The Guitars That Got Away

September 2018

I awoke this morning with a plan to sit down and write just for fun, just for me, on any topic I wanted. At the time, I did not know that #worldguitarday was even a thing, and frankly, there seems to be far too many hashtag-friendly days to even keep up with at this point, so I normally don’t participate; a party that never stops is no party at all. Still, it’s a compelling writing prompt, if nothing else.

Inspired by the viral trend of the day, I thought I’d pen love letters to the ones that got away: Guitars that I, for reasons both true and trite, sold off to fund more enduring liaisons. Some were flash-in-the-pan romances, curiosities acquired in service of the question “What if…” while others were chance offerings at a price too good to be believed, suitable for the occasional flip for a tidy profit. The most heartbreaking were the ones I bonded with that fell out of favor over the years, and those are the guitars I still think about when I’m alone at night, wondering what might have been if I’d just kept them.

Here are some guitars I’ve owned that I sort of miss.

Gretsch Billy-Bo Jupiter Thunderbird

This is one of those classic “me” patterns I’ve lived out far too often. I’ll give you a brief run-down of the story beats:

-Mike meets guitar.
-Mike buys guitar.
-Mike works on guitar.
-Mike prepares to sell guitar for more than he paid.
-Mike accidentally falls in love with guitar.
-Mike sells guitar.
-Mike is devastated. For years.

I picked up this guitar sometime in 2012 shortly before opening Seattle’s Mike & Mike’s Guitar Bar with my friend, Mike Ball. It came to me at a good price from a guy who admitted he just wasn’t playing it due to a couple of issues, so I swooped in with the intent to spruce it up and pass it on.

This was the standard model with the red finish, TV Jones Power’Tron pickups, and “G” tailpiece––nothing fancy but of the same consistent quality that Gretsch presents. I’ve always been a huge fan of this Cadillac-from-Space body shape, and of the Reverend Billy Gibbons himself. I first discovered ZZ Top as a kid via the Back to the Future movie franchise, the second installment of which prominently featured the band’s music, and later, the band themselves in Part III. I credit my love of weird and rare guitars in part to Mr. Gibbons’ flashy style and jaw-dropping collection. Back to the guitar…

The work I performed on the instrument was relatively straightforward; it didn’t need much more than a new bone nut with better string spacing and replacing a bad master volume pot. I also added a treble bleed network to brighten up the very dark pickups as the volume is rolled off. All of this seemed to fix the issues the original owner and I agreed upon, and so I posted it for sale.

In the short time it took to find an owner, I played it. A lot. At first, it was just because it was around, and then I found myself taking it home with me after a long day of guitar repair. And there I was on my couch watching Deep Space Nine, noodling away. Before I knew it, I loved the thing, from the neck shape to the wild look of it all. When it finally did sell, packed in a box and shipped off to some new admirer, I have to admit the money I made didn’t cover up the hole left in my heart. Even to this day, I fruitlessly try to convince myself that I don’t like red that much anyway. I know I’m lying to myself, but it helps.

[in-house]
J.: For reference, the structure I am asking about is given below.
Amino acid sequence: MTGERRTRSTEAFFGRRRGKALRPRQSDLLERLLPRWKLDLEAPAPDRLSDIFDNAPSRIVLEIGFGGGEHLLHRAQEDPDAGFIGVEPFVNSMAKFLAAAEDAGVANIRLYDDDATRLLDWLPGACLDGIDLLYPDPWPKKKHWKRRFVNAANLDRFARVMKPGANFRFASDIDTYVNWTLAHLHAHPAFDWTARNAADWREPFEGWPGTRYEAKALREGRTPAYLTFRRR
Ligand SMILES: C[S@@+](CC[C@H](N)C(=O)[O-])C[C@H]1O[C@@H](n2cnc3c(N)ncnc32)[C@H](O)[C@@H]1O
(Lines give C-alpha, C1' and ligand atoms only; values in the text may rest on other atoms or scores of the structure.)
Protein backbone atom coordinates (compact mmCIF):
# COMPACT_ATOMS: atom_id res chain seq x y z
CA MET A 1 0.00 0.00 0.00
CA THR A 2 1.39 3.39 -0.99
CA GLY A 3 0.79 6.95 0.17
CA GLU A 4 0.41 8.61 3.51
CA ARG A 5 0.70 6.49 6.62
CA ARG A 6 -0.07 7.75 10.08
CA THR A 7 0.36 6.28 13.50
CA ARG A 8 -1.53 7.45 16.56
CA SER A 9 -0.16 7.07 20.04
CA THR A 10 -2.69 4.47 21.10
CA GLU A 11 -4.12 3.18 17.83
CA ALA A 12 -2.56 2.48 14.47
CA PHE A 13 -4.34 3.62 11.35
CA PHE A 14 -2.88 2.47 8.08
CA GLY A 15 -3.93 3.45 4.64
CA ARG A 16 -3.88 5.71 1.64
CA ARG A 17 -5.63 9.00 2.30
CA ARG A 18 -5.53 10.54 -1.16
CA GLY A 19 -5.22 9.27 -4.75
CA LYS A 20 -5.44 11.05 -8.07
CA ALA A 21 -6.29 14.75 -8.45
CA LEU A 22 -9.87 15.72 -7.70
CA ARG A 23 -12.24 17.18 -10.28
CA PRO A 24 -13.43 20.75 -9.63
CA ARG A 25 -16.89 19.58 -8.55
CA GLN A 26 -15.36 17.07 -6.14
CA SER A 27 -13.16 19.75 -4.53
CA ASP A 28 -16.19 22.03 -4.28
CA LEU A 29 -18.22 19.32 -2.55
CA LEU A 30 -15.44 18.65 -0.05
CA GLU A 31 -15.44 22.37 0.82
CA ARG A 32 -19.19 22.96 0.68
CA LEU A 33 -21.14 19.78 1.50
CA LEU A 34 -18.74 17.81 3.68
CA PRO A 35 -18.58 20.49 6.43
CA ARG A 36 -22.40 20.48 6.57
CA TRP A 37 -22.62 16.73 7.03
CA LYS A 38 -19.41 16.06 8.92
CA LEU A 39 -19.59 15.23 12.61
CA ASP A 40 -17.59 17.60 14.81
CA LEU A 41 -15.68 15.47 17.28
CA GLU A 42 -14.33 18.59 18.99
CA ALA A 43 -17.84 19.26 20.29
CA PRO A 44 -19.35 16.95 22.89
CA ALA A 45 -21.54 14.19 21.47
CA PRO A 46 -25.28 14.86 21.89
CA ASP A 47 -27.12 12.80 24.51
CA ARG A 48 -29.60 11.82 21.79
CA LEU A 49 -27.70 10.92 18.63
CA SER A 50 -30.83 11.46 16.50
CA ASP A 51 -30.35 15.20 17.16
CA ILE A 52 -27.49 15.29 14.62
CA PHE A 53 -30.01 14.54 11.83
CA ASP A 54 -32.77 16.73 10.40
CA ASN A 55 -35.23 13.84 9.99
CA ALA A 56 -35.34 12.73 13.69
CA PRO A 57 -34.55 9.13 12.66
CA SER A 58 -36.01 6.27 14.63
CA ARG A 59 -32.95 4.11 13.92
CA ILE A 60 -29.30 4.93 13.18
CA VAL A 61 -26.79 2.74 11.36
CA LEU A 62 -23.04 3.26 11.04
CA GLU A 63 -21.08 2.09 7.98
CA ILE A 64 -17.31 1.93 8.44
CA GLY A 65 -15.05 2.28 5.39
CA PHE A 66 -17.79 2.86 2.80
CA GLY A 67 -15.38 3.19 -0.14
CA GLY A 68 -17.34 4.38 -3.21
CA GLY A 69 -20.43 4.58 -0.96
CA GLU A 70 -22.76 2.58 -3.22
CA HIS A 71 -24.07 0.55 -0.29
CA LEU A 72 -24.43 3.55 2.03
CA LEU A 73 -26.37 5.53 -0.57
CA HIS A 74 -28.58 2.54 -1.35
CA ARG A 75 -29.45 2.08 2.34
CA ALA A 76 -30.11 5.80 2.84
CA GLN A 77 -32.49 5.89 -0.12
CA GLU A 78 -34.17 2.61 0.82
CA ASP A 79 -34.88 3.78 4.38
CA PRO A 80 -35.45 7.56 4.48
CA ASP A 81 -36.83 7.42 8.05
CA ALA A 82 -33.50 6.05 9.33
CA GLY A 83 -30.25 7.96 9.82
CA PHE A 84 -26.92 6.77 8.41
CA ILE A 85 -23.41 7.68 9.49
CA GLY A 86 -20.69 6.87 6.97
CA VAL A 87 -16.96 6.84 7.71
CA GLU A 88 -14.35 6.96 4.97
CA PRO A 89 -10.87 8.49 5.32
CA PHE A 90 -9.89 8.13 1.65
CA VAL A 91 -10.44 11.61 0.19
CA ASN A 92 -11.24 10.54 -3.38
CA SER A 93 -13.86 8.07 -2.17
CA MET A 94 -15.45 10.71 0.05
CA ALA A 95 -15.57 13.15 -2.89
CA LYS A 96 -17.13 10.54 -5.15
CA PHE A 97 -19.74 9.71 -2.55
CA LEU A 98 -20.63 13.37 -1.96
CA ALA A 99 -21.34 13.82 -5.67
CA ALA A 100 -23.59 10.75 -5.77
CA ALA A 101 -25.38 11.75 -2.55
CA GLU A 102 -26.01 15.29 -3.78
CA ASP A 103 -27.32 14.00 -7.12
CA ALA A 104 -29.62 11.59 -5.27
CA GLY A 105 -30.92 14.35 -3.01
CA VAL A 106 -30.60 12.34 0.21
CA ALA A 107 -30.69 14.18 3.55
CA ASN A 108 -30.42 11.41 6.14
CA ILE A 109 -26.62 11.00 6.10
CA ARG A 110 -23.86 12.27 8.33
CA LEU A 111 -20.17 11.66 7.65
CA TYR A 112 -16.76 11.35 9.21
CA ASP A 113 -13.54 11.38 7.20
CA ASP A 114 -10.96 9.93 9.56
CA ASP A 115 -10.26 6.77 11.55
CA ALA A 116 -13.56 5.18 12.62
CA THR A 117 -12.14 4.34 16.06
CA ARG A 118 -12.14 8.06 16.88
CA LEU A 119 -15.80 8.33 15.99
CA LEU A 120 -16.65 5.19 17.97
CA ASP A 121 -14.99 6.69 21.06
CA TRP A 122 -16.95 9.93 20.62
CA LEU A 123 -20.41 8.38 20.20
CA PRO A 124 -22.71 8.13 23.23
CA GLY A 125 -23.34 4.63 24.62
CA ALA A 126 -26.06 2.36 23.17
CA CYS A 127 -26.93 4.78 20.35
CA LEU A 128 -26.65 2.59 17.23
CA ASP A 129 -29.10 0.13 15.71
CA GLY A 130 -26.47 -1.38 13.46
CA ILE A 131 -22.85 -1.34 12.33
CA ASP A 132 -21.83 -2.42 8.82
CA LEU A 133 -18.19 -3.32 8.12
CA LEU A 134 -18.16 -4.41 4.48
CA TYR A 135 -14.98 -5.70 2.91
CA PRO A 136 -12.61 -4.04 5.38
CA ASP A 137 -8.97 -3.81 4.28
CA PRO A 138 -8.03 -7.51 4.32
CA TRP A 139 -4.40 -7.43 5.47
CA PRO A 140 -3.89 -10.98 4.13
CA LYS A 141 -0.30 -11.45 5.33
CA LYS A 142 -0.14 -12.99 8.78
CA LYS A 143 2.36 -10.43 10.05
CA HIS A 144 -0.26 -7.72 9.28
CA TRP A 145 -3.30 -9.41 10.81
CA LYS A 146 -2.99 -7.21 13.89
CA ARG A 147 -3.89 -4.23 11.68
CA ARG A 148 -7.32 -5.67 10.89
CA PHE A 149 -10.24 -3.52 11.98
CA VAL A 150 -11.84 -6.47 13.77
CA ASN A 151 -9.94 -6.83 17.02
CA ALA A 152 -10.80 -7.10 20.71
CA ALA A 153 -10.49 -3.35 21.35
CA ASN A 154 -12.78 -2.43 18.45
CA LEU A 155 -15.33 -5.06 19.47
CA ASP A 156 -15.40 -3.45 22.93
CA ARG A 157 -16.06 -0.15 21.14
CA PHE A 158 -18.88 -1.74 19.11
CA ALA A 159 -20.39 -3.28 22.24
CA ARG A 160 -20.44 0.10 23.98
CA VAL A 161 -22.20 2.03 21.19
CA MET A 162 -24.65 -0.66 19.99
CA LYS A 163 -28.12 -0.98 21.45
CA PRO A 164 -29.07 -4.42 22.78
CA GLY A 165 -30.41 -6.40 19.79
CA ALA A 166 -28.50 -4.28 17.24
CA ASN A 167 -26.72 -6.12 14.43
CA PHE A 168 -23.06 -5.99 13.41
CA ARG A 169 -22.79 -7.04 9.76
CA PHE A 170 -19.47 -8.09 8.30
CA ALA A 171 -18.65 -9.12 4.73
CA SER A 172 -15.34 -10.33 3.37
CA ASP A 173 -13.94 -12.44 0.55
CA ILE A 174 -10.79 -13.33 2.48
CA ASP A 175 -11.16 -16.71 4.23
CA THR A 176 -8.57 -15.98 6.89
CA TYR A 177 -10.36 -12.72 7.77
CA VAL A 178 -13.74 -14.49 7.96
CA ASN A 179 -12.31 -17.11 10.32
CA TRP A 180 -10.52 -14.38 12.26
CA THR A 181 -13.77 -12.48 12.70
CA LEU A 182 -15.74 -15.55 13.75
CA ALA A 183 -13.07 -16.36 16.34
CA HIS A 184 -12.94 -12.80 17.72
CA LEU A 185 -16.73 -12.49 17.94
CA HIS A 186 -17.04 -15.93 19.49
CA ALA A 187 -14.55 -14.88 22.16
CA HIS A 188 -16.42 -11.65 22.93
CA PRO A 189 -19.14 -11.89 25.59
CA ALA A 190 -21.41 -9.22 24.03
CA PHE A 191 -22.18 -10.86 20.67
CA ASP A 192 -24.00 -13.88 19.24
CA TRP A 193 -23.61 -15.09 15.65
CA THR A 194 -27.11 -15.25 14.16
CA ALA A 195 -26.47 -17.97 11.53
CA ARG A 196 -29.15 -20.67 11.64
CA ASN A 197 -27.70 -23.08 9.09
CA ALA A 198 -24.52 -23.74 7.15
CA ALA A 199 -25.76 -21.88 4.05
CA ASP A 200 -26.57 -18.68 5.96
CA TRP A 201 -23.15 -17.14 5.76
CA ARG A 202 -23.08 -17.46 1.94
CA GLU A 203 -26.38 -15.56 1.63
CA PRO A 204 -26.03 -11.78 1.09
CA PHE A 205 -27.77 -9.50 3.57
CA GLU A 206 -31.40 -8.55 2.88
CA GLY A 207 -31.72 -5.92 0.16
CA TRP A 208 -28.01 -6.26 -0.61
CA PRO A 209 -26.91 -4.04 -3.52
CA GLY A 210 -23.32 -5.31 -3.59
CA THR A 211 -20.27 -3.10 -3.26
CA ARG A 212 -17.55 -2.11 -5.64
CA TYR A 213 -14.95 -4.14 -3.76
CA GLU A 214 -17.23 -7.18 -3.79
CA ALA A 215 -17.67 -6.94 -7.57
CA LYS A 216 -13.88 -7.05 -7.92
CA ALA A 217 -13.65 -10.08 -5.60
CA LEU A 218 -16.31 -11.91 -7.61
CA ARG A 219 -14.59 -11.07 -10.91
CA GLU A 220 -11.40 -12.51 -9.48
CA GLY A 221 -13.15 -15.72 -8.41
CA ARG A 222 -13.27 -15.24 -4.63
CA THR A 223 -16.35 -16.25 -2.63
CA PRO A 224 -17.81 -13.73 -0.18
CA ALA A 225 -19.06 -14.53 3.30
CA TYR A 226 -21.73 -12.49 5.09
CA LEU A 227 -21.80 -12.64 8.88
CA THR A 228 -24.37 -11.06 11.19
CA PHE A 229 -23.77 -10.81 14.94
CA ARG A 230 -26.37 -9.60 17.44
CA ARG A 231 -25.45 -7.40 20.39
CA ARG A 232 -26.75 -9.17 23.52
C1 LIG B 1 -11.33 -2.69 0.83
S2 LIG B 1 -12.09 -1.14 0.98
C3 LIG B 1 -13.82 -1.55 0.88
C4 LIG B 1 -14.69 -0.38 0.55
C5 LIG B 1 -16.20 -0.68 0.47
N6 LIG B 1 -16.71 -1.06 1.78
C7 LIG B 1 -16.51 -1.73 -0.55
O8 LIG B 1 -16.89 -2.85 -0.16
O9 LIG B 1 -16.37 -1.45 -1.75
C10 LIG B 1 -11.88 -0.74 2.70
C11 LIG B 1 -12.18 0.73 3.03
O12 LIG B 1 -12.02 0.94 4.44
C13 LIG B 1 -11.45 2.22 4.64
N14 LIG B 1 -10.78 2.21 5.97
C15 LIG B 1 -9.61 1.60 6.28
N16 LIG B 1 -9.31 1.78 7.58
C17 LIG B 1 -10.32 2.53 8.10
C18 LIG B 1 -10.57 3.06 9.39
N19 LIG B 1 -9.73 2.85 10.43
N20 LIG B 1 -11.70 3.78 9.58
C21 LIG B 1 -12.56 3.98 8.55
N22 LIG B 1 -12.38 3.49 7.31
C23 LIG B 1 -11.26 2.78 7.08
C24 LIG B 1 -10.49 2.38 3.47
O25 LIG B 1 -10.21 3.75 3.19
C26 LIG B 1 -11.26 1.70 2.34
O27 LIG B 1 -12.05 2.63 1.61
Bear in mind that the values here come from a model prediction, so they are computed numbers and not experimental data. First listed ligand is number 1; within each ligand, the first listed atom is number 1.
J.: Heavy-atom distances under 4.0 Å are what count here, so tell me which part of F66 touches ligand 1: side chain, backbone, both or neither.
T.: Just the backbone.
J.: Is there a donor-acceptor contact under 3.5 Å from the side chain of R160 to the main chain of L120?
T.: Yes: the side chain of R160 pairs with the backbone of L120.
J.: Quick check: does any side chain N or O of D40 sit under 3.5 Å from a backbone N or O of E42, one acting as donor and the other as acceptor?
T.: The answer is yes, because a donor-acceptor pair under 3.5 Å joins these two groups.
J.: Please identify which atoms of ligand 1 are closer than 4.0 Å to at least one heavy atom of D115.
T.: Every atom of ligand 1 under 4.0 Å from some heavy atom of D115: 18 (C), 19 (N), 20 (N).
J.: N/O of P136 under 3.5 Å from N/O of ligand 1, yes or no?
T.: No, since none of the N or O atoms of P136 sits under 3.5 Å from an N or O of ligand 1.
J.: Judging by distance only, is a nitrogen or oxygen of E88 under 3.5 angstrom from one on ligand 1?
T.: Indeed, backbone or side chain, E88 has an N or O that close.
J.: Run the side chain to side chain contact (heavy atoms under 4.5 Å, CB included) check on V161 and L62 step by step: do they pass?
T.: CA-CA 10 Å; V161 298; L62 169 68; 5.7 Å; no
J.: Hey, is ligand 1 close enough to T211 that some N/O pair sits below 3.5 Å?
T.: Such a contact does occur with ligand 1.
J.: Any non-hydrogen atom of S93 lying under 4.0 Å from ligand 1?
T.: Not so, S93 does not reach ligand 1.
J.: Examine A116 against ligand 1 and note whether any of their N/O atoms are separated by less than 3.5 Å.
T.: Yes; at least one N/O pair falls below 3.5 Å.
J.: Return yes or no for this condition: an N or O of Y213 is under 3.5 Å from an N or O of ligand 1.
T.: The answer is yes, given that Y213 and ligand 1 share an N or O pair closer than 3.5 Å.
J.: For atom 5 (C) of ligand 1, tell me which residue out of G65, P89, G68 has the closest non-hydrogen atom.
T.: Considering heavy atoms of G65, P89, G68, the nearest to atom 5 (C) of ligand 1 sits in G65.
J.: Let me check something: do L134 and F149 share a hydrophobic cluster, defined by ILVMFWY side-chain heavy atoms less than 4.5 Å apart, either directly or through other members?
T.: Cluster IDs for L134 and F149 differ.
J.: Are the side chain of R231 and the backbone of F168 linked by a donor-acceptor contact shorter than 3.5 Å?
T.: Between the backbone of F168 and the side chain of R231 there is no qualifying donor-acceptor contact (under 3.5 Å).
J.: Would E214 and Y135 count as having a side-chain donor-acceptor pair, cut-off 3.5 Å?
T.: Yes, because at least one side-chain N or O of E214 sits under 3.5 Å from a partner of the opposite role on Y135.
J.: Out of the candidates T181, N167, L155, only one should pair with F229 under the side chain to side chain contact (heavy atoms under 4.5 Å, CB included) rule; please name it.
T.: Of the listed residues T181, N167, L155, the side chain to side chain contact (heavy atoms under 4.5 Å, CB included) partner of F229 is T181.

Fender Custom Shop “Smash Mouth” Jaguar

I found this one while surfing Baltimore Craigslist in late 2013, just like I always do before taking a trip back East to see my folks. The rule for me is that trips aren’t worth it unless I buy something that I can later re-sell to pay for the plane tickets. And so, there I was on the ‘List searching for my usual gets: Jaguars and Jazzmasters. At the time, they didn’t seem to pop up all that often in that area, so my hopes weren’t exactly high.

To my surprise, a listing popped up for a Fender Custom Shop Jaguar from 2001 in a deep Sherwood Green Metallic. Rare enough as they are, what made this CS Jag even more special was the fact that it was made for Greg Camp of the band Smash Mouth. You know, “Walking on the Sun,” “All Star,” the Shrek soundtrack…

This guitar had its COA, original case, and was in pretty great shape considering it had been toured, showing only minor finish imperfections and barely any fret wear. Even more exciting was its completely non-standard pickup complement of two Seymour Duncan Hot Rails. Gone was the three-switch control plate, replaced by a lone toggle, and only the Lead circuit was hooked up; the Rhythm controls were just for show.

Before I slapped down wad of cash and left the shop where I bought it, I usurped the tech bench there to throw on a Mastery and a set of DR 11s. I played it a few days later at Josh & Holly’s Wedding; I sat in at a church I used to attend; I brought it back to Seattle with me and played the hell out of it for a few months and got a huge kick out of its sound and story; I laughed along as my friends bragged about their buddy with the Smash Mouth guitar.

At some point, I shrugged and decided I could use the money instead for I don’t know what reason, and decided it was for sale. It eventually went to a frequent customer of ours who asked me to spec it out like a Johnny Marr model with a four-way blade switch and some Lollar pickups. It sounded great, but I felt uneasy about changing the essence of it. At the end of it all, I was down a green Jaguar but finally paid for those plane tickets. I should have just eaten that air travel expense and kept a very cool guitar, but hindsight is 20/20.

As luck would have it, the Smash Mouth Jag is back on the market. I just can’t go backward emotionally or financially, but I’ll be happy enough to see it in someone else’s hands.


Squier Vista Series Super-Sonic

I have owned two of these guitars over the years, and both times my obsession with the model’s sparkle finish and turned-around looks eclipsed my better judgment. It didn’t matter how many times I reminded myself, “Hey, you don’t really like Strat vibratos,” or “Remember how it hangs on a strap?” I had to have it.

I first discovered this guitar during my high school years, when I’d often waste time at the local mom & pop shop. There were guitars to play, but more importantly, there were catalogues from companies brimming with stranger fare than was customary in a small rural Pennsylvania music store. I wouldn’t actually play one until I found one in another state on Craigslist in 2013. When it arrived at my door, I was elated. I finally had one of my dream guitars.